As decades past, astronomers are more confident that black holes are indeed the most mysterious and weird cosmic objects in the Universe. For many years physicists and other scientists are wondering how could a black hole defy the laws of nature at such an unprecedented level – stopping time itself, engulfing even light with the unfathomable gravity, and so on.
But just like in astronomy in general, there’s room for things to become even weirder for black holes. According to new research led by Juan Calderón Bustillo of the ARC Centre of Excellence for Gravitational Wave Discovery, and published in the journal Nature Communications Physics, black holes make a ‘chirp’ sound when they merge.
The sound can reveal both the shape and behavior of a black hole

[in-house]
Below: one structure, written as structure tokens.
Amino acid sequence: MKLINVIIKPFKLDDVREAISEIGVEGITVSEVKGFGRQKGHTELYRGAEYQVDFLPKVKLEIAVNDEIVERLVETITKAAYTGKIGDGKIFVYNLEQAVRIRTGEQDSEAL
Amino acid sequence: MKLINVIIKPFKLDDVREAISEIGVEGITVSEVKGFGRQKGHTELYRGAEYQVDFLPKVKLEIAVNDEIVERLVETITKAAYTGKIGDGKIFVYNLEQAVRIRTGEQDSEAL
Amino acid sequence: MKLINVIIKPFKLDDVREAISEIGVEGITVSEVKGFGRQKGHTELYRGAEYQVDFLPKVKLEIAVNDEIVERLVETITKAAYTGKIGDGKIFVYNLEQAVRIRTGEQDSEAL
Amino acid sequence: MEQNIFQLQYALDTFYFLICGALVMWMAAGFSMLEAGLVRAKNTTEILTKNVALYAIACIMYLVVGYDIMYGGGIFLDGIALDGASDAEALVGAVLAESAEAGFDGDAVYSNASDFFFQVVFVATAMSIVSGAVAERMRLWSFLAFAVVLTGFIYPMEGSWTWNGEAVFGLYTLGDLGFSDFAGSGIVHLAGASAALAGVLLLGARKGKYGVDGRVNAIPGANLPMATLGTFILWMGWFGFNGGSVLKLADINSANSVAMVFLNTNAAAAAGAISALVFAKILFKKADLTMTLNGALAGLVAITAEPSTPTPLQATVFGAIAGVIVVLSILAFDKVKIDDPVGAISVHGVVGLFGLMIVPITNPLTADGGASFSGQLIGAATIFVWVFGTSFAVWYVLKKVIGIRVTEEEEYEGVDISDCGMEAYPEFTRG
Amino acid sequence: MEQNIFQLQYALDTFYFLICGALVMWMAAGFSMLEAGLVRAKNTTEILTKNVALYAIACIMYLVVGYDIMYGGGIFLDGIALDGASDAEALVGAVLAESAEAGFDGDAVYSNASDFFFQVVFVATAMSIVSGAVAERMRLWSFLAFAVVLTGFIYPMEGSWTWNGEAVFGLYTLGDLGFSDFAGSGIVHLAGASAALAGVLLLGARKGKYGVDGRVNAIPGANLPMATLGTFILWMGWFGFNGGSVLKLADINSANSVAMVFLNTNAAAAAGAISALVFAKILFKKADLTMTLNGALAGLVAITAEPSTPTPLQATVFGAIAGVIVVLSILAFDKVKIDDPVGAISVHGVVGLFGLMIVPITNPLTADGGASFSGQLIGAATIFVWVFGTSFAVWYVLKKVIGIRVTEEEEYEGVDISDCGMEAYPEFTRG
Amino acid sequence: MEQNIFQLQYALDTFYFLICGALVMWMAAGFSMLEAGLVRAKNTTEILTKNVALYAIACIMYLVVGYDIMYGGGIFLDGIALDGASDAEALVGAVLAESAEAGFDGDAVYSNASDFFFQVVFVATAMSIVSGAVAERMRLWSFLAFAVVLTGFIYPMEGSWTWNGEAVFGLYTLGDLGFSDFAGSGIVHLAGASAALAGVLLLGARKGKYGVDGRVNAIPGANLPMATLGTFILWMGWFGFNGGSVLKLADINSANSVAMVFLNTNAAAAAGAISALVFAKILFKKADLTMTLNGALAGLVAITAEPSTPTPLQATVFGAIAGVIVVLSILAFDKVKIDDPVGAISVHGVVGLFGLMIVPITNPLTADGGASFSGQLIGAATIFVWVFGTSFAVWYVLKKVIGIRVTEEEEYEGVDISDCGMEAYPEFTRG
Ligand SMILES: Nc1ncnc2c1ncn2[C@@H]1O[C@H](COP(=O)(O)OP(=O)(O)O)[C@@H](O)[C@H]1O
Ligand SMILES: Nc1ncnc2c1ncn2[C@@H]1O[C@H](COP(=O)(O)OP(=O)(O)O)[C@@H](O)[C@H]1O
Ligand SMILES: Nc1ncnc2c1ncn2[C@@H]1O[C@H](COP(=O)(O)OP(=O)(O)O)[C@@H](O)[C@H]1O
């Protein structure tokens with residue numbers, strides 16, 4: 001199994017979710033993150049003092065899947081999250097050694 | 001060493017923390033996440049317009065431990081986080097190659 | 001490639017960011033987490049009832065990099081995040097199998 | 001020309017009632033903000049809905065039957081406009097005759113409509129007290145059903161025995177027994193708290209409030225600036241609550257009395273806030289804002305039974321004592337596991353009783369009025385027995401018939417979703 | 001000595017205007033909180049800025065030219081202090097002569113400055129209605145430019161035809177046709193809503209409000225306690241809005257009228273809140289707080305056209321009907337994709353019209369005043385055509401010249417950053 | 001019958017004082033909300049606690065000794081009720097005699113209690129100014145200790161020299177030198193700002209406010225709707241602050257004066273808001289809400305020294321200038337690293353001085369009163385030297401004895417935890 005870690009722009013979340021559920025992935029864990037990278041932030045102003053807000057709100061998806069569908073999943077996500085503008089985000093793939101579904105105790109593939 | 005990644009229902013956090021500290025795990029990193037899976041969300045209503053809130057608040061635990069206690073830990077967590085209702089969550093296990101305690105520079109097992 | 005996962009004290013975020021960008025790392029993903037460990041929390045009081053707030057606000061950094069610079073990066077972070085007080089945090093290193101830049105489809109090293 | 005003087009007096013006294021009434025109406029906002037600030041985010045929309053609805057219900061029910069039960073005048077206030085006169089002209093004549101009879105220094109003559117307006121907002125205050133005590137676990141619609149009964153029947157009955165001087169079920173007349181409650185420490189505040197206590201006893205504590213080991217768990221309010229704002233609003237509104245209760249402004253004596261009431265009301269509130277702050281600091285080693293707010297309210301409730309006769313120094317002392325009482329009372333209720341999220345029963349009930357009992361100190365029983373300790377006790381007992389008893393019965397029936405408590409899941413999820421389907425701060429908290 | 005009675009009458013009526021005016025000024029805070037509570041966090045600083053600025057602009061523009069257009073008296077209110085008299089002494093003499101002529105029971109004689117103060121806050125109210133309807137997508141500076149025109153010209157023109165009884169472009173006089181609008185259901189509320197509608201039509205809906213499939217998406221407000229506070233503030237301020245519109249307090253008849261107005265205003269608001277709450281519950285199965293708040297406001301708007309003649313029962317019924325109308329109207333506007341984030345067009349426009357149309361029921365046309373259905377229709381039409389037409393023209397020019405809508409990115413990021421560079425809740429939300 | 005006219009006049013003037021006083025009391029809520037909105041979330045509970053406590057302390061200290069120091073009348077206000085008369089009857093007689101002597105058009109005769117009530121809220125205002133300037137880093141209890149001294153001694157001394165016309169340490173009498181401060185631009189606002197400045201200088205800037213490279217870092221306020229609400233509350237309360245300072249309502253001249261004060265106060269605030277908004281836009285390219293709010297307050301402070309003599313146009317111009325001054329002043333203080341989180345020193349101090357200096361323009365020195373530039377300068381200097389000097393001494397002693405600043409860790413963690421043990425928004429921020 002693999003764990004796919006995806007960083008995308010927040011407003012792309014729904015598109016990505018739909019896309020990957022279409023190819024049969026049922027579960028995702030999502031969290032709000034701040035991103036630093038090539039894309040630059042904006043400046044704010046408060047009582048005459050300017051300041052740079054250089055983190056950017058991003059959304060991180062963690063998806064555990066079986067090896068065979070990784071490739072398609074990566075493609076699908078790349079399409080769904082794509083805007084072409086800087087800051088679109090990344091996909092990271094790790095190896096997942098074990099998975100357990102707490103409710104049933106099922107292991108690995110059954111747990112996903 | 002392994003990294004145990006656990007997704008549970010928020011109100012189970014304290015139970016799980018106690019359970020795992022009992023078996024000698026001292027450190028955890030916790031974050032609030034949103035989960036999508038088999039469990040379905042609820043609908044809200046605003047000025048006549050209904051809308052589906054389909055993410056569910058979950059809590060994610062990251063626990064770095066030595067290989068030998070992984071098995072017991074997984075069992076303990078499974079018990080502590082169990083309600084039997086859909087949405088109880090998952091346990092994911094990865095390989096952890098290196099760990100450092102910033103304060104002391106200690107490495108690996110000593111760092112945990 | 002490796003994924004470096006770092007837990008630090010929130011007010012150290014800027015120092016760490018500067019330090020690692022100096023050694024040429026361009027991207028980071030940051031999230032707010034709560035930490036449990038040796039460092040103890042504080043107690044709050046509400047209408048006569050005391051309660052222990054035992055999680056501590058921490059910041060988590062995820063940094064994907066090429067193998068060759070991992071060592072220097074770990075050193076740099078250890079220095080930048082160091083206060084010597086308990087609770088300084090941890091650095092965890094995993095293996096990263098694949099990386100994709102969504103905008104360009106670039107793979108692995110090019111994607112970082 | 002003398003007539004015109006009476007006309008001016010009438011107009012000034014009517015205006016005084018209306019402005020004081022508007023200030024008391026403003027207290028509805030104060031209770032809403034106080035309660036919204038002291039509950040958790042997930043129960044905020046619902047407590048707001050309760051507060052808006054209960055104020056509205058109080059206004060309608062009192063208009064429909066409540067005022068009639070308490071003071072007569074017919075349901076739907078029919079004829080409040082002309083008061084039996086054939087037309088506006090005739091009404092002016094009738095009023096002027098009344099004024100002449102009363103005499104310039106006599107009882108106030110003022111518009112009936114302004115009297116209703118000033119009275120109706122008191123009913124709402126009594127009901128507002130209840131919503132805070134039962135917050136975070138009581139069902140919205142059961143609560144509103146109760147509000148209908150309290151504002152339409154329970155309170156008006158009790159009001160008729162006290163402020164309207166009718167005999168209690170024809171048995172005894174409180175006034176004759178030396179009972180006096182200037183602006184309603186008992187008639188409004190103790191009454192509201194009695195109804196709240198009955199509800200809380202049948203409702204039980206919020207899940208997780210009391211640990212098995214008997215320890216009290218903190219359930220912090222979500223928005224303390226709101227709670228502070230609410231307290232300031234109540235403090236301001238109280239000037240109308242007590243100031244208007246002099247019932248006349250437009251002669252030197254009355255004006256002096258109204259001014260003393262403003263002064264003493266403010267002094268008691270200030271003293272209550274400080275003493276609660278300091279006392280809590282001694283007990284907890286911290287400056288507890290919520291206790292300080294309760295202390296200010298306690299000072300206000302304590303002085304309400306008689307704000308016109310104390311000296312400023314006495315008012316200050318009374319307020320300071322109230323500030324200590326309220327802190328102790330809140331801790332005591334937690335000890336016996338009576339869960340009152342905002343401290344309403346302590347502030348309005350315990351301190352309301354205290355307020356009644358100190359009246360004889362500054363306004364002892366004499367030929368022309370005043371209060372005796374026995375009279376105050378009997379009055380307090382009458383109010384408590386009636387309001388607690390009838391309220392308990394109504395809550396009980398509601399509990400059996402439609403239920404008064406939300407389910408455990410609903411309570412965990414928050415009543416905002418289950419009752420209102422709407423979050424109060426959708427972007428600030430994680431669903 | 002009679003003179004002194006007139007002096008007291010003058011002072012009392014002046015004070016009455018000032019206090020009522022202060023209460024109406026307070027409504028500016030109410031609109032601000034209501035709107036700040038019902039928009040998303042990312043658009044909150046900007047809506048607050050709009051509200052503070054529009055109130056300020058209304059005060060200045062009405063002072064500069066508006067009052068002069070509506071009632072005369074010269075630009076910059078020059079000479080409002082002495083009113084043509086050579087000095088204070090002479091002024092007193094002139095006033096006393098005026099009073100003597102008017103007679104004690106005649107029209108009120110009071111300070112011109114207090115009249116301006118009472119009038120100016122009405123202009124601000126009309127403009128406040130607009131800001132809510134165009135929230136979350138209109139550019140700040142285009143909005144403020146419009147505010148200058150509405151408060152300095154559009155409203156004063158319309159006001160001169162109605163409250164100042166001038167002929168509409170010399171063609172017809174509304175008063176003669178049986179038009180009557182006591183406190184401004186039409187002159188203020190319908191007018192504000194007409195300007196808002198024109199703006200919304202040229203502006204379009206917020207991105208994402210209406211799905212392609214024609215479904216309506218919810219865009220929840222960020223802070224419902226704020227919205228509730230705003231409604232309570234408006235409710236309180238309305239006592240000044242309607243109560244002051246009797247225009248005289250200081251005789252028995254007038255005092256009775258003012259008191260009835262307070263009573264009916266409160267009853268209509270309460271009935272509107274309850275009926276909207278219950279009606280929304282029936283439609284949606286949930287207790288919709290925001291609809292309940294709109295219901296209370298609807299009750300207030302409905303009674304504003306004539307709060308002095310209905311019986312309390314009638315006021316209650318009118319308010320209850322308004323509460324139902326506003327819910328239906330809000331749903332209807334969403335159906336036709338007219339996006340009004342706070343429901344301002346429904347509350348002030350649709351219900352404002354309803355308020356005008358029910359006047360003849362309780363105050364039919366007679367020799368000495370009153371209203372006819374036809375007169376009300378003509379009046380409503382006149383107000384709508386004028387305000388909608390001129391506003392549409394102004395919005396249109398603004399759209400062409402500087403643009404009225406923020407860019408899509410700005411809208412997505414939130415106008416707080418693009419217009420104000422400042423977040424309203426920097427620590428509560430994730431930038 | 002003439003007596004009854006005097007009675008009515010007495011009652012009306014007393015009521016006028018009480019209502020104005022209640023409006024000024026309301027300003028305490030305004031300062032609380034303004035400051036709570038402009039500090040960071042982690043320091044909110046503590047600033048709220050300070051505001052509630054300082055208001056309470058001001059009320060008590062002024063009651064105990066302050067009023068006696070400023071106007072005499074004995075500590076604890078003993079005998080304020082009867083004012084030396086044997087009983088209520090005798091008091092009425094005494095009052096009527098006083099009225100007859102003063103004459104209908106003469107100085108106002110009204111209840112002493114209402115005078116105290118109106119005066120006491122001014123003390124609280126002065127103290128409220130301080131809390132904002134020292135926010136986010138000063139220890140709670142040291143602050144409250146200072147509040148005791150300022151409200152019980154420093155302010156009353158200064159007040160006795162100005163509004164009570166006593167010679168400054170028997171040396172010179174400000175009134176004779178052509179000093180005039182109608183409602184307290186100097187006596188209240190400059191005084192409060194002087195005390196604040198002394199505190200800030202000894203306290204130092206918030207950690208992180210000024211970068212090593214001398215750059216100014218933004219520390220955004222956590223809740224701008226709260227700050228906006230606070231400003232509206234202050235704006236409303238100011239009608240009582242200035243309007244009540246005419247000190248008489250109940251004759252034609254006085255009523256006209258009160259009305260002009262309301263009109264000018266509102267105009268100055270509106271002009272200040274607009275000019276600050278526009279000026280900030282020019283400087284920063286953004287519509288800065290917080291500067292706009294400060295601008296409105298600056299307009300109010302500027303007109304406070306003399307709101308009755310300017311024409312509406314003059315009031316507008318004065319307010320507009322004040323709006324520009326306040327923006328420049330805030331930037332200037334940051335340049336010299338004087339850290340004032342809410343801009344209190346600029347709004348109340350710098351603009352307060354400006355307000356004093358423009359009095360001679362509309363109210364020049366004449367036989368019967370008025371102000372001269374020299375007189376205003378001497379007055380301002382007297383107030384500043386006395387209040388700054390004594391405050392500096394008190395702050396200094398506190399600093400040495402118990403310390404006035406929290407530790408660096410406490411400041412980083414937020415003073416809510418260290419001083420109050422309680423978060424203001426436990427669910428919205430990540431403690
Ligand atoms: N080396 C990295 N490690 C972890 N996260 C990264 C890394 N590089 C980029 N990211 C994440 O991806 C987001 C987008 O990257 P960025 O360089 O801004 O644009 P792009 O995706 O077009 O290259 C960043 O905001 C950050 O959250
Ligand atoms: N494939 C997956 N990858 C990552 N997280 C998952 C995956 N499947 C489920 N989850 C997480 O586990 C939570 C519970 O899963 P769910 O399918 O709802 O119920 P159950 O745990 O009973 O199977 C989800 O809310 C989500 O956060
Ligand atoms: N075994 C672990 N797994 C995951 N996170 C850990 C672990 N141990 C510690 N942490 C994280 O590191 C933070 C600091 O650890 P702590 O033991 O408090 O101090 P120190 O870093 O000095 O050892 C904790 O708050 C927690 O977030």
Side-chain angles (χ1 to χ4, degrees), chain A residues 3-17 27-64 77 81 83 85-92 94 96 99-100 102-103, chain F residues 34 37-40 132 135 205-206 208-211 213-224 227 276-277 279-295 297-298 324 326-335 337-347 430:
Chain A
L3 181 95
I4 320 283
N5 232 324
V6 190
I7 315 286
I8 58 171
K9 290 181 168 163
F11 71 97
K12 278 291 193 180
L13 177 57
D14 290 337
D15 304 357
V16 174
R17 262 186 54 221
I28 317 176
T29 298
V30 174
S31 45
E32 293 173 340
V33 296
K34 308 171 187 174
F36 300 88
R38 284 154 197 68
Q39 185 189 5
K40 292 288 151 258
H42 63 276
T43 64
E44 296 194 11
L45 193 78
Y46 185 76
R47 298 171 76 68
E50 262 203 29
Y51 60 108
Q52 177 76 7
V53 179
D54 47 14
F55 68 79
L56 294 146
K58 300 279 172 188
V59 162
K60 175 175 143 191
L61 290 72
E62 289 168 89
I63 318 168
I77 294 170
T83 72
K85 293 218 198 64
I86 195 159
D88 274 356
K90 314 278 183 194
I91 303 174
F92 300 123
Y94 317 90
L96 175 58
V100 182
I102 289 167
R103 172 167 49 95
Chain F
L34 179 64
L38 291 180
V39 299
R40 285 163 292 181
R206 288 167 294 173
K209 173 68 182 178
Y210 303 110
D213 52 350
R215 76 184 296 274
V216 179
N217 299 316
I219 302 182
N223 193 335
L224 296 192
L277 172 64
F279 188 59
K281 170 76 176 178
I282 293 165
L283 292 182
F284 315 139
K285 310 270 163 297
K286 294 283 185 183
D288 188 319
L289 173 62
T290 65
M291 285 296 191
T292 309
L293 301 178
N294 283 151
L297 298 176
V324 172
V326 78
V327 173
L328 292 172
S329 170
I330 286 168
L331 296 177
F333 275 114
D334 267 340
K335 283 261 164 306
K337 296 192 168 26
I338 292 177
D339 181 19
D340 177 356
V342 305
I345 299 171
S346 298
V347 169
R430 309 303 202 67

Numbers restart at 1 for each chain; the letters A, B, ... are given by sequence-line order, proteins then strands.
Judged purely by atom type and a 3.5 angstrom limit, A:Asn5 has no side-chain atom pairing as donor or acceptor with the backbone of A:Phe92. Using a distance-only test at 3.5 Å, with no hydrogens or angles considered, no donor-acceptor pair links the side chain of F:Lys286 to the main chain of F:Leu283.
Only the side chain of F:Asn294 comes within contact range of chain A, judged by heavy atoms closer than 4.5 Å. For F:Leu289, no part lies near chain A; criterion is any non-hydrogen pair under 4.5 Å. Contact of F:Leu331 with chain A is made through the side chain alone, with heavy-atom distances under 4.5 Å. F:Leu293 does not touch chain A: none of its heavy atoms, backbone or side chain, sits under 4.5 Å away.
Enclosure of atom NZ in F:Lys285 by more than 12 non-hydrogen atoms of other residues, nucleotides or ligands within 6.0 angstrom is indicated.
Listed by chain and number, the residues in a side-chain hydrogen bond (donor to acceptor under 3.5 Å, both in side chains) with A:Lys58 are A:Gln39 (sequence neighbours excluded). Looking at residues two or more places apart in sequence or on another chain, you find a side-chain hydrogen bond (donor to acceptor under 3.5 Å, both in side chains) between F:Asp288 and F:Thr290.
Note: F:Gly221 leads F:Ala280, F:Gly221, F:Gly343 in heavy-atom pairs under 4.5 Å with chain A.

If you were preparing to ask ‘what’s the relevance of a lousy sound?’, think again! Lead author Juan Calderón Bustillo declares:
“When we observed black holes from their equator, we found that the final black hole emits a more complex signal, with a pitch that goes up and down a few times before it dies,”
Directly observing a black hole is close to impossible, as these cosmic structures generally don’t emit any light at all. But by learning to decode the chirp sounds, scientists could find out how some black holes look like.
Astrophysicist Christopher Evans from the Georgia Institute of Technology said:
“We discovered that these signals are far more rich and complex than commonly thought,”
He adds, “allowing us to learn more about the vastly changing shape of the final black hole.”
Learning new things about black holes is practically mandatory, as not few scientists are suspecting that these peculiar structures could even lead to other dimensions or Universes once something gets sucked in. However, we don’t recommend anyone to jump into a black hole to find out for sure, as the risks are huge.